BY AWAKE! WRITER IN KENYA
THOUSANDS of voices. The incessant, frenzied chatter resonates across the surface of the remote lake. Wading in the shimmering, emerald-green waters are thousands of pink birds. Above, the sky is filled with their graceful flight. Turning and wheeling above the water, they beat the air with their long, thin wings, revealing flashes of deep red. The swarm of bird life, awash with brilliant color, is breathtaking! It is arguably the greatest avian wonder on earth—the pink flamingos of Africa’s Great Rift Valley.
From early times the flamingo has been appreciated for its lovely, delicate stature. Its long-necked likeness was chiseled into stone and can be seen in Egyptian hieroglyphs. So unusual and admired was the bird’s appearance that the Egyptians revered it as the embodiment of the god Ra. The flamingo’s slender, arching neck and thin, graceful legs were featured in primitive cave drawings.
Today four species of flamingo can be found in areas of Africa, the Caribbean, Eurasia, and South America. The lesser flamingo is the smallest of the species. It is beautifully colored, with deep-pink feathers and bright-red legs and feet. The greater flamingo is twice the size of the lesser flamingo and stands up to 55 inches tall. All flamingos share a common characteristic—a bill that gently bends in the middle and curves downward, creating a form that is lovely to behold.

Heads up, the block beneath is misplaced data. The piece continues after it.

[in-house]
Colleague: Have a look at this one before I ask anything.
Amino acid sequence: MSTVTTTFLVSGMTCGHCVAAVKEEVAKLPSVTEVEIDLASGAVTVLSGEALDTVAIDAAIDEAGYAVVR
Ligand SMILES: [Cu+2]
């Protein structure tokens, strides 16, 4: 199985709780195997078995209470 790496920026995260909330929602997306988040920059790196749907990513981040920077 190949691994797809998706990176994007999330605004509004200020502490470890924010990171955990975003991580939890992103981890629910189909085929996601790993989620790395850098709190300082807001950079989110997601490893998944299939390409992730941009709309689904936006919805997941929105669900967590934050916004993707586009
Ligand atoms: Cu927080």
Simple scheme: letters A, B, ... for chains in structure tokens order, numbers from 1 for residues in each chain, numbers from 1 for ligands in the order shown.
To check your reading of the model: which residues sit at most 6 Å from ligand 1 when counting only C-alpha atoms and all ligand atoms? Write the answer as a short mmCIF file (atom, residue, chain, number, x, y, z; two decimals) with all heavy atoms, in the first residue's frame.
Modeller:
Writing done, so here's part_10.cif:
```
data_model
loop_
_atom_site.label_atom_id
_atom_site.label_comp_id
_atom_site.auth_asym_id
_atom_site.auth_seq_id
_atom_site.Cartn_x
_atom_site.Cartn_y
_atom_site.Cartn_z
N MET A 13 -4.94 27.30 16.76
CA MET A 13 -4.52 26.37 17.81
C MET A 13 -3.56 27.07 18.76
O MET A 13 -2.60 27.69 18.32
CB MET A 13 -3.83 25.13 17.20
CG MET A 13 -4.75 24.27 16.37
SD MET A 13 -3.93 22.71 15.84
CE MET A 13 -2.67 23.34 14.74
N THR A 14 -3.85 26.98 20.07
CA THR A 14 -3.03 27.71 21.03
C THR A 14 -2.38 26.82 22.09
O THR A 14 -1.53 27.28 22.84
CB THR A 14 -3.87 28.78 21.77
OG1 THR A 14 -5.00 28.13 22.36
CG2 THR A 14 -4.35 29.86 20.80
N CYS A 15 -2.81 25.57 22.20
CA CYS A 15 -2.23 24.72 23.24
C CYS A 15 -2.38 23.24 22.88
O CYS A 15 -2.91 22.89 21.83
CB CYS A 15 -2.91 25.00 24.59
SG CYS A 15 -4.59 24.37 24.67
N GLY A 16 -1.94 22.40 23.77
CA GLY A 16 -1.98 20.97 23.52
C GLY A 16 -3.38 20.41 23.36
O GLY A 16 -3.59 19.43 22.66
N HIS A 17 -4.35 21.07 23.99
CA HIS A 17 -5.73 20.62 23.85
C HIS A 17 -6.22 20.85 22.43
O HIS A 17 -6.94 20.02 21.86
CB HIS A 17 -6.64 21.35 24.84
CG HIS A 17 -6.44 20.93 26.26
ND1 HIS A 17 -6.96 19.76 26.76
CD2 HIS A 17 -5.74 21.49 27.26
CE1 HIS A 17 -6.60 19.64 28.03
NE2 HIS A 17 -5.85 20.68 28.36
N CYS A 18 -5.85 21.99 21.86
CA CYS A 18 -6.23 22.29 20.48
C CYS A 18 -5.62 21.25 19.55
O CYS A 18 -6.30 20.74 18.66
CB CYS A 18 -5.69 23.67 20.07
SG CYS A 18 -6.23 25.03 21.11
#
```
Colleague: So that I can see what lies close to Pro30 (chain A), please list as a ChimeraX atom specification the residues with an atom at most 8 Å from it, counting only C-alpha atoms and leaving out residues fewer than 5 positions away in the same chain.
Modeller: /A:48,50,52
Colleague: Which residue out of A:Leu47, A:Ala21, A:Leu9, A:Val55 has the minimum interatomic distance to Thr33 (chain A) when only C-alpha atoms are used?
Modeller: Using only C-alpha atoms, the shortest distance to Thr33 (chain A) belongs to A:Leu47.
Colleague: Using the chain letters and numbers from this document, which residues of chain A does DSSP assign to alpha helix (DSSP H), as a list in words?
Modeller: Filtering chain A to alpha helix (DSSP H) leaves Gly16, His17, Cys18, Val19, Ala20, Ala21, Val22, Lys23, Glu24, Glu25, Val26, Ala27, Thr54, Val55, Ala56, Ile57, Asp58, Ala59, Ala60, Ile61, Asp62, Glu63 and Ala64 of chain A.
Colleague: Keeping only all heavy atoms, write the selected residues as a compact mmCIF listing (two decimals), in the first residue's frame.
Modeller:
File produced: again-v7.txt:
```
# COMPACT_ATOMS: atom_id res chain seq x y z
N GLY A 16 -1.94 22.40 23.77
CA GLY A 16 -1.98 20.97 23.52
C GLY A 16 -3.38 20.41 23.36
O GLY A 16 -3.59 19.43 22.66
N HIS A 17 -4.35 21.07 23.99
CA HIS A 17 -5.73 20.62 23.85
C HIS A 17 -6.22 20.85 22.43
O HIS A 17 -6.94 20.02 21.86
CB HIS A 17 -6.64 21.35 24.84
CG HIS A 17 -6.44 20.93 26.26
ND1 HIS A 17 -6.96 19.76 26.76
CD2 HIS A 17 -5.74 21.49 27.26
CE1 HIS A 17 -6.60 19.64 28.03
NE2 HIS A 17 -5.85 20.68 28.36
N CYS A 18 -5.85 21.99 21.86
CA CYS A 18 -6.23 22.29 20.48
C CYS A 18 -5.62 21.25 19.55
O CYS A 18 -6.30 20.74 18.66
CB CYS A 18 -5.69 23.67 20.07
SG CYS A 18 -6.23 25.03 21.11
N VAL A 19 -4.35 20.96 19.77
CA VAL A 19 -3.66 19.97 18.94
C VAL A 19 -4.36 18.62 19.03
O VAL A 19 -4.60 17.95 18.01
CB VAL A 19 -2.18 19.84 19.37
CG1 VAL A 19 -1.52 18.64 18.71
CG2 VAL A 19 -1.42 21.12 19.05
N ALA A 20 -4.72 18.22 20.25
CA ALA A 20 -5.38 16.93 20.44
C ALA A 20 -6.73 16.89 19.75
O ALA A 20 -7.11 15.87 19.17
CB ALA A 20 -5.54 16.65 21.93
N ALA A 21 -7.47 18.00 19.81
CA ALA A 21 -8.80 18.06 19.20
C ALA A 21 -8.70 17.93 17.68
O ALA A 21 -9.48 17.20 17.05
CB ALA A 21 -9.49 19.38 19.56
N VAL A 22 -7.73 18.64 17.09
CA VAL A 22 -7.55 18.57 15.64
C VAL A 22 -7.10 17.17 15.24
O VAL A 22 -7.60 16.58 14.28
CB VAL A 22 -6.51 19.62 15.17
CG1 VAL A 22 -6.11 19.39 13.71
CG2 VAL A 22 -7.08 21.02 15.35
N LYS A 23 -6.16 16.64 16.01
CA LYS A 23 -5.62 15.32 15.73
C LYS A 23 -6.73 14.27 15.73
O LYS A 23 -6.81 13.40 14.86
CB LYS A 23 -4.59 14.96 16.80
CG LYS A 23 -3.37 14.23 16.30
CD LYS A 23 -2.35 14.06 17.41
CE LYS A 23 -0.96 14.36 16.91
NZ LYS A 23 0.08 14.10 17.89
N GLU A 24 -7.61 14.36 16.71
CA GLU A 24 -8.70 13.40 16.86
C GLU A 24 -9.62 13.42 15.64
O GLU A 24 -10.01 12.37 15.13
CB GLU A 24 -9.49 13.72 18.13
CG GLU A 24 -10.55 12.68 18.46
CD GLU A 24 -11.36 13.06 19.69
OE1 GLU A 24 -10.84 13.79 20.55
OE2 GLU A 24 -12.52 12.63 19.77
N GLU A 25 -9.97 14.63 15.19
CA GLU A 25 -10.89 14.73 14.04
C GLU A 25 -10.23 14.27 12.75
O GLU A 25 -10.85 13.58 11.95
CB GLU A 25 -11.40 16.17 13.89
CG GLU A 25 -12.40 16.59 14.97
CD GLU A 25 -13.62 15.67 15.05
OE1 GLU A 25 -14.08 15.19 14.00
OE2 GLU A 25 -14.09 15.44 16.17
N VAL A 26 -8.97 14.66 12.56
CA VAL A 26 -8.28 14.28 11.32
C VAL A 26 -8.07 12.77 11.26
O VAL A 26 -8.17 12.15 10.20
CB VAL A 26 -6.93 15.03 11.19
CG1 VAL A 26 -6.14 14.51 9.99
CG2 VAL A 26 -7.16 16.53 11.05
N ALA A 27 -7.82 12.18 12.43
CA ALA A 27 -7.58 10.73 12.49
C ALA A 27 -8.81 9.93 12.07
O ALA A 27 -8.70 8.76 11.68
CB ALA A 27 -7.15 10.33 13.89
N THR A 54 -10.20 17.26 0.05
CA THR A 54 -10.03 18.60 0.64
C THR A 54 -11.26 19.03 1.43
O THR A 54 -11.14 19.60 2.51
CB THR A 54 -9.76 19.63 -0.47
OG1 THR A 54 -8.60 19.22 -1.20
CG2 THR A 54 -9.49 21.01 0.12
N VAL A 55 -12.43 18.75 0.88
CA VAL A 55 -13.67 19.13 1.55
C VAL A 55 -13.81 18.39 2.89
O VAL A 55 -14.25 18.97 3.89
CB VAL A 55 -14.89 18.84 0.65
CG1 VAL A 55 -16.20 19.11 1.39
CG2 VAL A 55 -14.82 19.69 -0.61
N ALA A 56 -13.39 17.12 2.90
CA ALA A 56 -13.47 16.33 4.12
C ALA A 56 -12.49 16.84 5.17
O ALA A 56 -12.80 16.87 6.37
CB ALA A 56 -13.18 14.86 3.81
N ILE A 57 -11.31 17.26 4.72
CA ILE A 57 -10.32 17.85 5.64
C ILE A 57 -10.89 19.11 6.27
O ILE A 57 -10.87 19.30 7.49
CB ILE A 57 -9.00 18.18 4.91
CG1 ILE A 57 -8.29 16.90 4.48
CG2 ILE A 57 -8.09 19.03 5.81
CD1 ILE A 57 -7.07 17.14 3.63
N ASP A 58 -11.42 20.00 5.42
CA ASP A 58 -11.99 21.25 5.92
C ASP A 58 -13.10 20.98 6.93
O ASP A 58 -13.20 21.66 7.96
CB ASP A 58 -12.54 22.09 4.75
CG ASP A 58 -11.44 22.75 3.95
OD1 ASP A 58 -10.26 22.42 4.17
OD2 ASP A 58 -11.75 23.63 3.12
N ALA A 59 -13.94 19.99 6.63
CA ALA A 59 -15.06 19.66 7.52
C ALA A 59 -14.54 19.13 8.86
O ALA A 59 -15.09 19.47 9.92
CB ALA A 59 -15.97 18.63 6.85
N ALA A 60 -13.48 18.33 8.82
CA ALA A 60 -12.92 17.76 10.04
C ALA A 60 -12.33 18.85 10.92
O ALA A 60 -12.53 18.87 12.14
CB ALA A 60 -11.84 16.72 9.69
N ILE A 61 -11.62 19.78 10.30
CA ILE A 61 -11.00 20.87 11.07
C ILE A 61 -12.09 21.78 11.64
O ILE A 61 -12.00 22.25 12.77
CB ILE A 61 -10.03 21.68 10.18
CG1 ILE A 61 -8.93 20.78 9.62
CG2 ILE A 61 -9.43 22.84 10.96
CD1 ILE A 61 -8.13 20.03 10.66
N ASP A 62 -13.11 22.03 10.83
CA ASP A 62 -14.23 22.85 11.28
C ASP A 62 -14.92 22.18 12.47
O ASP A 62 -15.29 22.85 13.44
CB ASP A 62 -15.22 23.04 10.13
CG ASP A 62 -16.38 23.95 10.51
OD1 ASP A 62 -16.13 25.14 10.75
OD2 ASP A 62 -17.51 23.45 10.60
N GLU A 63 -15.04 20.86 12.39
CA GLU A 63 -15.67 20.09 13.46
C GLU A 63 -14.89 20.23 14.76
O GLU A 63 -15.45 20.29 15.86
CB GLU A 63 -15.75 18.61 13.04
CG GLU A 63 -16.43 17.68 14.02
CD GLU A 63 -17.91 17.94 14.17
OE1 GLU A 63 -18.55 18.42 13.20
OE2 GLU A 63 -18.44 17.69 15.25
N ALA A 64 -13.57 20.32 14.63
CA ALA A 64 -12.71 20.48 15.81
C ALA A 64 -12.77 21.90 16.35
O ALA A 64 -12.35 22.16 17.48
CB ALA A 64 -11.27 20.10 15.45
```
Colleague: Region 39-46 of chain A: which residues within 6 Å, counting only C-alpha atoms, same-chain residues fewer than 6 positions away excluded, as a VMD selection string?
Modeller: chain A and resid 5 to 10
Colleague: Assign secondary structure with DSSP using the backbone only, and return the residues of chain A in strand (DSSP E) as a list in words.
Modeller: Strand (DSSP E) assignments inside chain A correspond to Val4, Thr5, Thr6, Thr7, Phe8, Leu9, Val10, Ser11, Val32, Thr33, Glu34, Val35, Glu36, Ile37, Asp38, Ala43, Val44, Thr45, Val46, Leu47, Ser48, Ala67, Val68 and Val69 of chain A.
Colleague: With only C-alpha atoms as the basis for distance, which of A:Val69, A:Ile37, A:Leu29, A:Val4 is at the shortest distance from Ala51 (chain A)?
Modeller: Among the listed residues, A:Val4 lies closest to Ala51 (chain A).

When taking to the air, the bird gracefully flaps its wings and races across the water on nimble legs, obtaining the momentum it needs to lift into the sky. With its long neck and head straight out in front and its legs trailing rigidly behind, it elegantly wings its way across the sky. An estimated four million flamingos inhabit Africa’s Great Rift Valley.
Delicate Bird, Rugged Environment
The vast number of flamingos that inhabit the Rift Valley thrive on a series of soda lakes that are indeed unique. The water is so chemically rich in sodium carbonates that it feels oily to the touch and slightly burns the skin. Temperatures around the Rift soda lakes can climb to as high as 150 degrees Fahrenheit [65 degrees Celsius]. The strong scent of sulfur and brine rises from the fizzy lake waters and hangs heavy in the hot air. Alkaline compounds and salts in the water are so concentrated that they crystallize and form crusty, white deposits along the shoreline.